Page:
Priest Pays for the Sins of Others in Calvary
In Calvary, Father James is a good priest who is faced with sinister and troubling circumstances brought about by a mysterious member of his parish. Although he continues to comfort his own fragile daughter and reach out to help members of his church with their various scurrilous moral — and often comic — problems, he feels sinister and troubling forces closing in, and begins to wonder if he will have the courage to face his own personal Calvary.
Calvary, director John Michael McDonagh’s blackly comedic drama, begins with an audacious threat.
In the midst of confession, a man tells good-hearted Father James (Brendan Gleeson) he was repeatedly raped as a boy by a priest. That priest has long since died, and although the man acknowledges that Father James is a good man, he tells the priest to settle his affairs since the confessor plans to kill the Father on the beach a week from Sunday anyway, to make the church atone for its sins, to draw attention to the blight of priestly abuse. Thus begins a sort of detective story.
The remote Irish village where Father James tends his restless flock seems surrounded by a crown of thorns, each soul within suffering in his or her own way. Over the next seven days, the priest sets out to find who wants him dead, and finds there are many people with grievances about the failings of Catholicism, none necessarily directed at him personally. He moves through his doubt-ridden community making amends and meeting with the various suspects who seem to be everywhere in the small town – from a caustic, agnostic, opinionated doctor to a guilt-ridden financial speculator with a “business proposition” for the priest, to a jealous husband and a cheating boyfriend who do not wish to be judged.
Father James is aware of his own limitations and failings. A widower and recovering alcoholic with an anxious adult daughter Fiona (Kelly Reilly) from before he entered the priesthood who longs for the fatherly attention she never received as a child and who arrives fresh off a botched suicide attempt that has left her very much alive, if shell-shocked. Her presence becomes a kind of catharsis for the priest, both as a Father and as a father.
As the title implies, Father James, presumably en route to his own execution, goes about his daily rounds administering last rites to a young man who dies in a car wreck, dispensing advice to people who have lost their faith, delivering groceries to an elderly shut-in who reads books about Hitler and listens to Hoagy Carmichael records. Between interracial adultery, coke sniffing in the pub toilet and an act of violence that burns down the church, the priest sees every sin in the book.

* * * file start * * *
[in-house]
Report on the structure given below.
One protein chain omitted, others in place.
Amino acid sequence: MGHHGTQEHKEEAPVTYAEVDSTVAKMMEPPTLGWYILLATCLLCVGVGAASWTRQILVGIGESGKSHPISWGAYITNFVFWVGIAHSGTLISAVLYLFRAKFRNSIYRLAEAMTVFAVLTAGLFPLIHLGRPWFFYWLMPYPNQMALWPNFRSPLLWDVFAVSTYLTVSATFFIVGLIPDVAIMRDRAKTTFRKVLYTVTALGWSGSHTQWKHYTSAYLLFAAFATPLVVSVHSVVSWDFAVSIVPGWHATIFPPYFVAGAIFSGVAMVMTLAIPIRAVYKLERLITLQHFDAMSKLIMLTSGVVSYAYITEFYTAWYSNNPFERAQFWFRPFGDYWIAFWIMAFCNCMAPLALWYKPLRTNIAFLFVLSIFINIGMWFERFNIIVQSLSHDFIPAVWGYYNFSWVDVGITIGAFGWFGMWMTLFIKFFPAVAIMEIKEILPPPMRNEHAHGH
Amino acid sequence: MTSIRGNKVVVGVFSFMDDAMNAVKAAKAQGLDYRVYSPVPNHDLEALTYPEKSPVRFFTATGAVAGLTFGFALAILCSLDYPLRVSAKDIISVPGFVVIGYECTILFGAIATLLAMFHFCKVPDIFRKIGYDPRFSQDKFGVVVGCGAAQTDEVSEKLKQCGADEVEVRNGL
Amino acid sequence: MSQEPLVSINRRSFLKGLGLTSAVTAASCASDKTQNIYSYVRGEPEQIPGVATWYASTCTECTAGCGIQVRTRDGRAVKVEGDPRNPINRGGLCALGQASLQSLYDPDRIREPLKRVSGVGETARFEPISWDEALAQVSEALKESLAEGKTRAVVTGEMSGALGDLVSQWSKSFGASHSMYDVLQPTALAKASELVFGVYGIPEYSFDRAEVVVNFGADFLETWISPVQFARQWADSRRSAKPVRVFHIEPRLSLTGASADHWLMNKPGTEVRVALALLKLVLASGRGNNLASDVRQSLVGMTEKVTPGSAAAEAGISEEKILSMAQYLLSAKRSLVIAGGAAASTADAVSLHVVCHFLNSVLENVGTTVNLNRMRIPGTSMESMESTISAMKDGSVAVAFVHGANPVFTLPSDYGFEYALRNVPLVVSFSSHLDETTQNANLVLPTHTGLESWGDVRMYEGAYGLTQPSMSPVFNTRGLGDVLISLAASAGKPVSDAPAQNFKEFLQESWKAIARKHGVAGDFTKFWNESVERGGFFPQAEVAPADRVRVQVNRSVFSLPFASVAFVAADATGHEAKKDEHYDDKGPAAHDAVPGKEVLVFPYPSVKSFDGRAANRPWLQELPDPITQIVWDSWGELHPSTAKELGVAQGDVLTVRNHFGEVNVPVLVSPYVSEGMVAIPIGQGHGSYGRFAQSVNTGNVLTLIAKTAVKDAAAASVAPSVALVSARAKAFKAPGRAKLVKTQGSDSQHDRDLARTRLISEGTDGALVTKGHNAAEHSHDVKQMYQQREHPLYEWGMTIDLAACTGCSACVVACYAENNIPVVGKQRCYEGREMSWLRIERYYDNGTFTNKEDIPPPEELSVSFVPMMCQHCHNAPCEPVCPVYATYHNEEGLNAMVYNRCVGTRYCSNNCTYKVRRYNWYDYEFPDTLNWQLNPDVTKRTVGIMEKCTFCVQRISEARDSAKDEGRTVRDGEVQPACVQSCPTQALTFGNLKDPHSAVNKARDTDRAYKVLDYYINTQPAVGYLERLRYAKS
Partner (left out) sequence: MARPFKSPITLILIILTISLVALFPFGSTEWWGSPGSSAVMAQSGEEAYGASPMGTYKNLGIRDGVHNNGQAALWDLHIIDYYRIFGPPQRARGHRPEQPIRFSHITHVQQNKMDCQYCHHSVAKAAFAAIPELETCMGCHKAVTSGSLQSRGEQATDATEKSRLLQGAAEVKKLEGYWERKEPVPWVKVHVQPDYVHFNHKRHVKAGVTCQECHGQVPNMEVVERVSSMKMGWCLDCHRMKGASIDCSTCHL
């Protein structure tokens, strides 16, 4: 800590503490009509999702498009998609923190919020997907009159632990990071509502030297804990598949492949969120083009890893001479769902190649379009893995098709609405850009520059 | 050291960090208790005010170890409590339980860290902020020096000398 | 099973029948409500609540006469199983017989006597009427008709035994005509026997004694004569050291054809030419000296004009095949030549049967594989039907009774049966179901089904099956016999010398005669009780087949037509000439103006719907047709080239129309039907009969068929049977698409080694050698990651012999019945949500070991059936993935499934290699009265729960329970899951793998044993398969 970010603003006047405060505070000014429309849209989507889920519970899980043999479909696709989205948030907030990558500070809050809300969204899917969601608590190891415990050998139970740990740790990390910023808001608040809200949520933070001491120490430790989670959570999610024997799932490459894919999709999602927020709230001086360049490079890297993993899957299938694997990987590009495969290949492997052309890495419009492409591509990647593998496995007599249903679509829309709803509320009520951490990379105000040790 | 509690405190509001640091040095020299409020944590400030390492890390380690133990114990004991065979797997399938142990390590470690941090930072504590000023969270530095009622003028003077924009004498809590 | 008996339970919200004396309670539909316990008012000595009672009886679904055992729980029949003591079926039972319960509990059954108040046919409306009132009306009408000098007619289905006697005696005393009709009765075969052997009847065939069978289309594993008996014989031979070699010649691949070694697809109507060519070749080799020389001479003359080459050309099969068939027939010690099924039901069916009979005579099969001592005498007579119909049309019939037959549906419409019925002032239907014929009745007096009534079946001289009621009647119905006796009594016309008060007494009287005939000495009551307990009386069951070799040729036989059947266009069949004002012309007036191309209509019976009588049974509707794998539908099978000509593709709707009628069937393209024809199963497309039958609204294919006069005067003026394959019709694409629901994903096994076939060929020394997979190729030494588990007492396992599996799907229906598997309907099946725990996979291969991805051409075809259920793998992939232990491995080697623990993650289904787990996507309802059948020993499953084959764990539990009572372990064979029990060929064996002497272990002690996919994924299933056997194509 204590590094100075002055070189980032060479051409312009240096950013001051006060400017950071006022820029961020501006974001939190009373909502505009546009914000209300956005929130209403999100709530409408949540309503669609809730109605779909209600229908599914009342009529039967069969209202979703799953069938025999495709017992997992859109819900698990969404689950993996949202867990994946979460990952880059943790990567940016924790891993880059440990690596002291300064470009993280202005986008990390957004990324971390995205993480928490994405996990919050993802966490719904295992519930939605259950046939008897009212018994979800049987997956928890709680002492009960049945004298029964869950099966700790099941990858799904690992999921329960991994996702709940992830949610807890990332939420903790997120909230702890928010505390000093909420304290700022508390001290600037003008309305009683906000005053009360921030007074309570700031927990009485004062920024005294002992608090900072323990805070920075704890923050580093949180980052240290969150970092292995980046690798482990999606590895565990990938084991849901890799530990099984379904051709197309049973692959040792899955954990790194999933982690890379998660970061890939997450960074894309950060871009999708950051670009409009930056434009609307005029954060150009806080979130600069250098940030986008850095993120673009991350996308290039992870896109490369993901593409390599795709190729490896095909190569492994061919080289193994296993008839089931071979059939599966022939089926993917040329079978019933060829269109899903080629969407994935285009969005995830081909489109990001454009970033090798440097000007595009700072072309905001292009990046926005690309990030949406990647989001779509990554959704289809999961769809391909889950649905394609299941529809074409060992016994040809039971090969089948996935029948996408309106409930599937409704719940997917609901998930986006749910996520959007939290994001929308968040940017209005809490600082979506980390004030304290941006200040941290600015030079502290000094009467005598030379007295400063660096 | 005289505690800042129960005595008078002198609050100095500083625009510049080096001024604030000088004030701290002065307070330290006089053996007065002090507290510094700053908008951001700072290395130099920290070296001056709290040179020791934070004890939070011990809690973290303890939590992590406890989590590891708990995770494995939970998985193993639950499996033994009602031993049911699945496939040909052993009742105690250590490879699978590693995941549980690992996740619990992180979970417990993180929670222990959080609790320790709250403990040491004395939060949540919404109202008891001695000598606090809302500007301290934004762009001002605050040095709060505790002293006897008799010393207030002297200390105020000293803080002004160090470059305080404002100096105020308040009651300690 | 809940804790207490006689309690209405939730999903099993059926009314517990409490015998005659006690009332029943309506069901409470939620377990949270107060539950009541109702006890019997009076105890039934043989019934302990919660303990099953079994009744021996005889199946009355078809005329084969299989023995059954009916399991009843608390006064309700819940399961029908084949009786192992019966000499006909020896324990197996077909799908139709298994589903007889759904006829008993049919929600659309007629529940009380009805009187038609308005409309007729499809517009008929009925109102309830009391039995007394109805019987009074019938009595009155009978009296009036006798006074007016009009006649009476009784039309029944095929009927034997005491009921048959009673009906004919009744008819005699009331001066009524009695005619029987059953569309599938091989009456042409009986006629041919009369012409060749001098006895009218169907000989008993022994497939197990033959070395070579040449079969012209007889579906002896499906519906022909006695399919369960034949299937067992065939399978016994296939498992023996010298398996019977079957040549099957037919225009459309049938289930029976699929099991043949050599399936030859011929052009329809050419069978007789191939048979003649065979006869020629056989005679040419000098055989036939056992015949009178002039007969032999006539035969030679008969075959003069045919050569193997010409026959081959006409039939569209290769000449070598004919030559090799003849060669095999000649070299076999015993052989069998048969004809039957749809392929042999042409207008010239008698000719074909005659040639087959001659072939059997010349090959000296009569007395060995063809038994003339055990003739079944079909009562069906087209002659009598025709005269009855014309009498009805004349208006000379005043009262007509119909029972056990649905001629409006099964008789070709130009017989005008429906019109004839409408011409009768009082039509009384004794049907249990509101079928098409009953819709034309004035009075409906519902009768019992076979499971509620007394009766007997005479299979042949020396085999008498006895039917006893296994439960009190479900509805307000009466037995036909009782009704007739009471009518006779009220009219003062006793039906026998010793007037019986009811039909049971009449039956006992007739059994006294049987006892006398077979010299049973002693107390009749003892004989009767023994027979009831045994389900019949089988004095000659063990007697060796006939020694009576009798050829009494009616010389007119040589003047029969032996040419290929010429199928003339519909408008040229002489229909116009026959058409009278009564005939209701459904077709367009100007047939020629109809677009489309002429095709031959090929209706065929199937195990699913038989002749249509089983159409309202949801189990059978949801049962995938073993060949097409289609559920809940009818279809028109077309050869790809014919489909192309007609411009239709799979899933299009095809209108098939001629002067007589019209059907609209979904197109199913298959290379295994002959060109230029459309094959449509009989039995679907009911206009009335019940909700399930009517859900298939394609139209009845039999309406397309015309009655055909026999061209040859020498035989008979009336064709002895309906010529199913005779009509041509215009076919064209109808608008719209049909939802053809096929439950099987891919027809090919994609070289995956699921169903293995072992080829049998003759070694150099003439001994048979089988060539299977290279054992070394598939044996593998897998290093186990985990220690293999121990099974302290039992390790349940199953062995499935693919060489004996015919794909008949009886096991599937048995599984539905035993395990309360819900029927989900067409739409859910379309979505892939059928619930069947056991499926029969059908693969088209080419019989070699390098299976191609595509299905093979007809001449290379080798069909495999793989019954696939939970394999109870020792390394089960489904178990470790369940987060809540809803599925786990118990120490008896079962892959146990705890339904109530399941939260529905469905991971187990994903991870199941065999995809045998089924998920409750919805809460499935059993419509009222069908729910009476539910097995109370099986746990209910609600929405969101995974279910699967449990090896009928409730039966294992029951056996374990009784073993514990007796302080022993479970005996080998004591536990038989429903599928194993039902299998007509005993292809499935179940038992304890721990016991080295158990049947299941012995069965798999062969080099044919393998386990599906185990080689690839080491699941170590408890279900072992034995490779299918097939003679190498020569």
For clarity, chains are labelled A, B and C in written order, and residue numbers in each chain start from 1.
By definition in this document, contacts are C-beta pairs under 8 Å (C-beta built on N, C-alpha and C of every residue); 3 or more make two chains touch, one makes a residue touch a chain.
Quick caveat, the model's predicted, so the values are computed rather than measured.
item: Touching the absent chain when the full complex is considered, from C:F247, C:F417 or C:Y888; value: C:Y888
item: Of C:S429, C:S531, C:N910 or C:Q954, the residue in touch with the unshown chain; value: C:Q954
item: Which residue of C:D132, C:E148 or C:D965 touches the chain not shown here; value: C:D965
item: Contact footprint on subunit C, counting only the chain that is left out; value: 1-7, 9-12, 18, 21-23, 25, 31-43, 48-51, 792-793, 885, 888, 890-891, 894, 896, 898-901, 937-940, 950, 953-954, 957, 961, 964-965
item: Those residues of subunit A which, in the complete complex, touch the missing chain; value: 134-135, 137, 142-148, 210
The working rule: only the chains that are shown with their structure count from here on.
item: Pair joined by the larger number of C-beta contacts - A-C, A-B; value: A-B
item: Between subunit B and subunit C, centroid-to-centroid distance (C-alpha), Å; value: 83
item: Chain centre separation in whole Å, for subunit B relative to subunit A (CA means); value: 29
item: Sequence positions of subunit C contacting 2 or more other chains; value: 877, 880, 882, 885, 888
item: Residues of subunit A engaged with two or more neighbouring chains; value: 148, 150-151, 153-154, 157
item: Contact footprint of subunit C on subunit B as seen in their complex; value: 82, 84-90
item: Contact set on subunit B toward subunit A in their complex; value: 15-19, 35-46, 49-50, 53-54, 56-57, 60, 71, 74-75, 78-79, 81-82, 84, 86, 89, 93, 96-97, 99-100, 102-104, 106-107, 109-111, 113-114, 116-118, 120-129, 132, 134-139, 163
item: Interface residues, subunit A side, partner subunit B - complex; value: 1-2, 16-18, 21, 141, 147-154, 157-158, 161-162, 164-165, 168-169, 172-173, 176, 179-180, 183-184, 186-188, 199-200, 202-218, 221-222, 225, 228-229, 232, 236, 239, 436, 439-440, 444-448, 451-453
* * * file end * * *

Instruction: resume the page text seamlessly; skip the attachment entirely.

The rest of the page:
The bearish priest experiences a passion of the Christian variety, much of which involves his effort to shepherd a highly dysfunctional flock: butcher Jack Brennan (Chris O’Dowd) beats his wife Veronica (Orla O’Rourke), who’s sleeping with the local car mechanic Simon (Isaach de Bankolé) and doing cocaine with the cynical doctor Frank Harte (Aidan Gillen). The pompous, wealthy, drunk Michael Fitzgerald (Dylan Moran) tries, like Satan in the desert, to tantalize the priest with riches. Sex-starved Milo Herlihy (Killian Scott) wants to join the army so he can kill. And former student, Freddy Joyce (Gleeson’s son, Domhnall), who grew up to be a serial-killer and cannibal and claims that in the act of murder, the killer becomes God.
Yet, with the Sunday showdown rapidly approaching, the priest finds himself confronting not only the limits of modern faith and his own impending mortality, but also realizing his strength in the lost arts of grace, forgiveness and humility.
How many heels does it get?
Calvary is less about the church and its problems than it is about one man’s faith in the wilderness, as it were, and how it is severely tested. And yet for all that, it’s a comedy, sort of. Gleeson is remarkable in one of the best roles for one of the finest character actors around. This is one of the best films of the summer. Rated R. Opens Aug. 1, 2014 in limited release, Aug. 8 in the DMV.
My rating: 5 out of 5 Heels